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Psychological Challenges of Feminism — in Dating and Marriage

Betty Friedan’s book, The Feminine Mystique, published in 1963, exposed the misery of well-educated suburban housewives and catalyzed the women’s liberation movement.

In the 1970s, feminism confused me. Who should pay on dates? Should men still open doors for women? The guys were perplexed, too. Some feared that women would resent them for being courteous, chide them for being a “male chauvinist pig.” Feminists sported T-shirts proclaiming: “A Woman Needs a Man like a Fish Needs a Bicycle.”

Cute, I thought. Still, I hoped to marry.

I tried paying my way on dates and opening my own doors. When a man let me do either, I felt unfeminine and lost interest in him. I liked gallantry.

An aha! moment seized me during a staff training event at the alcoholism treatment center in San Francisco where I worked. I was a happily single liberated woman with a successful career and social life who took charge of her own destiny — or so I thought.

We were told to close our eyes and choose a role that expressed a fantasy about our future selves. Sitting in a circle on the floor of a large sunlit room, one by one each of us shared our chosen role. Everyone was surprised, but no one more so than I, when I blurted out: “housewife with two children.”

Aggh! I had exposed myself as a 1950s type of woman.

Compared to other women in her generation, my mother was liberated. She loved her career as a physical education teacher in New York City schools. I remember the excitement in her voice during dinner when she spoke about teaching dance steps she’d invented for her delighted girls’ gym classes.

My Aunt Betty did the normal thing. She quit college to marry and become a housewife and mother. Unlike my mother, who cooked dinner and did the dishes afterward but had little energy for much else, Aunt Betty watched soap operas and kept her home immaculate. She stayed serene around her two children from whom she took no sass and had a hot meal on the table when her husband came home. She read women’s magazines and shopped for flattering clothes that she wore even while dusting.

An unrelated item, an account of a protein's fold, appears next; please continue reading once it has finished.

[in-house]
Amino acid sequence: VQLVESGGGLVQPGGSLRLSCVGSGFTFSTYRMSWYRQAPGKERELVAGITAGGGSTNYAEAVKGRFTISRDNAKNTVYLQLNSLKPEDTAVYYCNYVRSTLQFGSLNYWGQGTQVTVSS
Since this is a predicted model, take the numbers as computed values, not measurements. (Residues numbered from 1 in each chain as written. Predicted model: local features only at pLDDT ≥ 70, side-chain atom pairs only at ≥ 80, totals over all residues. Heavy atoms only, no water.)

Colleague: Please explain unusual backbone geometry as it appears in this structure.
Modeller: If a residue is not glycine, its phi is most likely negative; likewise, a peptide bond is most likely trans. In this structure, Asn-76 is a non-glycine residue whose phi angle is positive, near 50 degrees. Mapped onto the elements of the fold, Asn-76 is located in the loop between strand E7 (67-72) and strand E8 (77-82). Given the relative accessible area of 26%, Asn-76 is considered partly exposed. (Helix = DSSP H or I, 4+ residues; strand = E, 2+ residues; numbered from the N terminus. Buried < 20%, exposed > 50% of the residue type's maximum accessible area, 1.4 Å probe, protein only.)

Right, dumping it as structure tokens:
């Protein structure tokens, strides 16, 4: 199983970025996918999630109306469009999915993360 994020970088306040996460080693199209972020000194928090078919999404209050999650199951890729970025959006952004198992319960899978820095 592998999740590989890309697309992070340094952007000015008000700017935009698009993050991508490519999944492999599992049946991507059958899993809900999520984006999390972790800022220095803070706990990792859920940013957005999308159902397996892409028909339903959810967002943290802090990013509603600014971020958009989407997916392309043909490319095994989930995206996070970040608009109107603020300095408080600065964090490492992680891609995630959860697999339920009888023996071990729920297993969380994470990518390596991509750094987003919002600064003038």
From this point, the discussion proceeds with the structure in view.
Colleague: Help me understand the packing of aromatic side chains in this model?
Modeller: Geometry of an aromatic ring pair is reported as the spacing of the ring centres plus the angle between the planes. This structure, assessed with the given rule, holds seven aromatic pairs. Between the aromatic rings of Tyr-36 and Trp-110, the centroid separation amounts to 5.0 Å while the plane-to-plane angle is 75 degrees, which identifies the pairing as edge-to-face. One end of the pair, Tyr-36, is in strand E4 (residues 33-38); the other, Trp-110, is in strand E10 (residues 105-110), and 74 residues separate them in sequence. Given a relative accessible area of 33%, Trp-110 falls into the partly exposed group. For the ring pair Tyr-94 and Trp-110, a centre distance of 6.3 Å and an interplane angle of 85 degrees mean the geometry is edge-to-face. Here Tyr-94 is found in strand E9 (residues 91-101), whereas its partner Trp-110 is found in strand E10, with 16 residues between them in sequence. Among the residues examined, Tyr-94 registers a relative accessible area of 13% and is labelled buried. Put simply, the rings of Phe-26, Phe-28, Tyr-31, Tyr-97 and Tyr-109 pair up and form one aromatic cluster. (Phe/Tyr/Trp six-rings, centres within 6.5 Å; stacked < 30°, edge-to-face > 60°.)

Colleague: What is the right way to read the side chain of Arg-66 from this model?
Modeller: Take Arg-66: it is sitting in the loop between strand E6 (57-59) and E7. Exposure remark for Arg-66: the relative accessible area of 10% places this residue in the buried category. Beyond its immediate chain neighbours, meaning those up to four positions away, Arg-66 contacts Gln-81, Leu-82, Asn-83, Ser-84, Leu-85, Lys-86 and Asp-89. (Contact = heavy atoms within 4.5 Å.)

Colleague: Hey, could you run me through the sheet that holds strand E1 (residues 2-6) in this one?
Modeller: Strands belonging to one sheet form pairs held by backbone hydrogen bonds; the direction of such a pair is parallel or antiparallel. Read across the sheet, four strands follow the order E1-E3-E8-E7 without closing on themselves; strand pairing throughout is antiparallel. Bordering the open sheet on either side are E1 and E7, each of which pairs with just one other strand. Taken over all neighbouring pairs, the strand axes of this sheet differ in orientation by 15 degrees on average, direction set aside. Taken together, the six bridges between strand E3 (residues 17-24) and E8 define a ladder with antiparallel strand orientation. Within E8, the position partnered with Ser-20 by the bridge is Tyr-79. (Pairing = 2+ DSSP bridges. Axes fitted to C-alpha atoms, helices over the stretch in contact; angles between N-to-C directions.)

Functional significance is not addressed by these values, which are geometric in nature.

Is it any wonder that I was confused? Who was really the liberated one — my stressed-out mother who eventually endured a heartbreaking divorce or my calm homemaker aunt who stayed happily married?

When accused in the past of not behaving in accordance with feminist ideals, I said, “I will not be enslaved by women’s liberation.” Feminism means freedom to choose how to spend your life, not marching lockstep into an ideology that relegates housewife and mother to second-class citizenship.

I met the other Betty — Betty Friedan — when she spoke some time ago in Marin County, California. Still single, I’d attracted men easily until reaching my late thirties. When my gray hairs started showing, I became invisible to men. I didn’t want to feel forced to dye my hair. I thought a liberated woman like me shouldn’t have to do something so unnatural.

Betty Friedan’s hair was gray. Hoping for sage advice, I said, “I want to get married, but to attract a man I need to look young. Should I dye my hair?”

Betty Friedan said, “Just be sure you know why you are doing it.” She was saying not to let anyone else define me, to be myself on the inside. I liked that. Perhaps because her 17-year marriage was fraught with fighting and ended in divorce, she added, “I’m better at feminism than marriage.”

So I started dying my hair. The men came back and I married one.

When our son was born, I quit my job. But when the novelty of stay-at-home motherhood wore off, I longed for camaraderie with colleagues. I felt lonely and trapped at home.

As soon as my son was ready, I resumed my career. Sometimes I think I’d like a calmer life and a more orderly home, like Aunt Betty’s. But I love my work. My husband and I share high-priority chores and may ignore other ones for a while. I can relate to the wooden sign that hung on my mother’s kitchen wall: “My house is clean enough to be healthy but messy enough to be happy.”

Generalizing from my experience, I believe today’s woman’s challenge is to make choices that fit who she is inside. Instead of expecting to be superwoman, exhausted and guilt-ridden from attempting to excel with both a spotless home and a sterling career, each of us has to create our own balance.

Housewife image available from Shutterstock

Psychological Challenges of Feminism — in Dating and Marriage

Marcia Naomi Berger, MSW, LCSW

Marcia Naomi Berger, MSW, LCSW, author of Marriage Meetings for Lasting Love: 30 Minutes a Week to the Relationship You’ve Always Wanted (New World Library, 2014, audiobook, 2020), has a private psychotherapy practice in San Rafael, California. She offers and workshops for couples and singles, and continuing education classes for therapists at NASW conferences and online. She has taught also at the UCSF School of Medicine, UC Berkeley Extension, and Alliant International University. A former executive director of a family service agency, she earlier held senior level positions in child welfare, alcoholism treatment, and psychiatry.

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APA Reference
Berger, M. (2018). Psychological Challenges of Feminism — in Dating and Marriage. Psych Central. Retrieved on September 26, 2020, from
Scientifically Reviewed
Last updated: 8 Jul 2018 (Originally: 24 Jul 2015)
Last reviewed: By a member of our scientific advisory board on 8 Jul 2018
Published on Psych All rights reserved.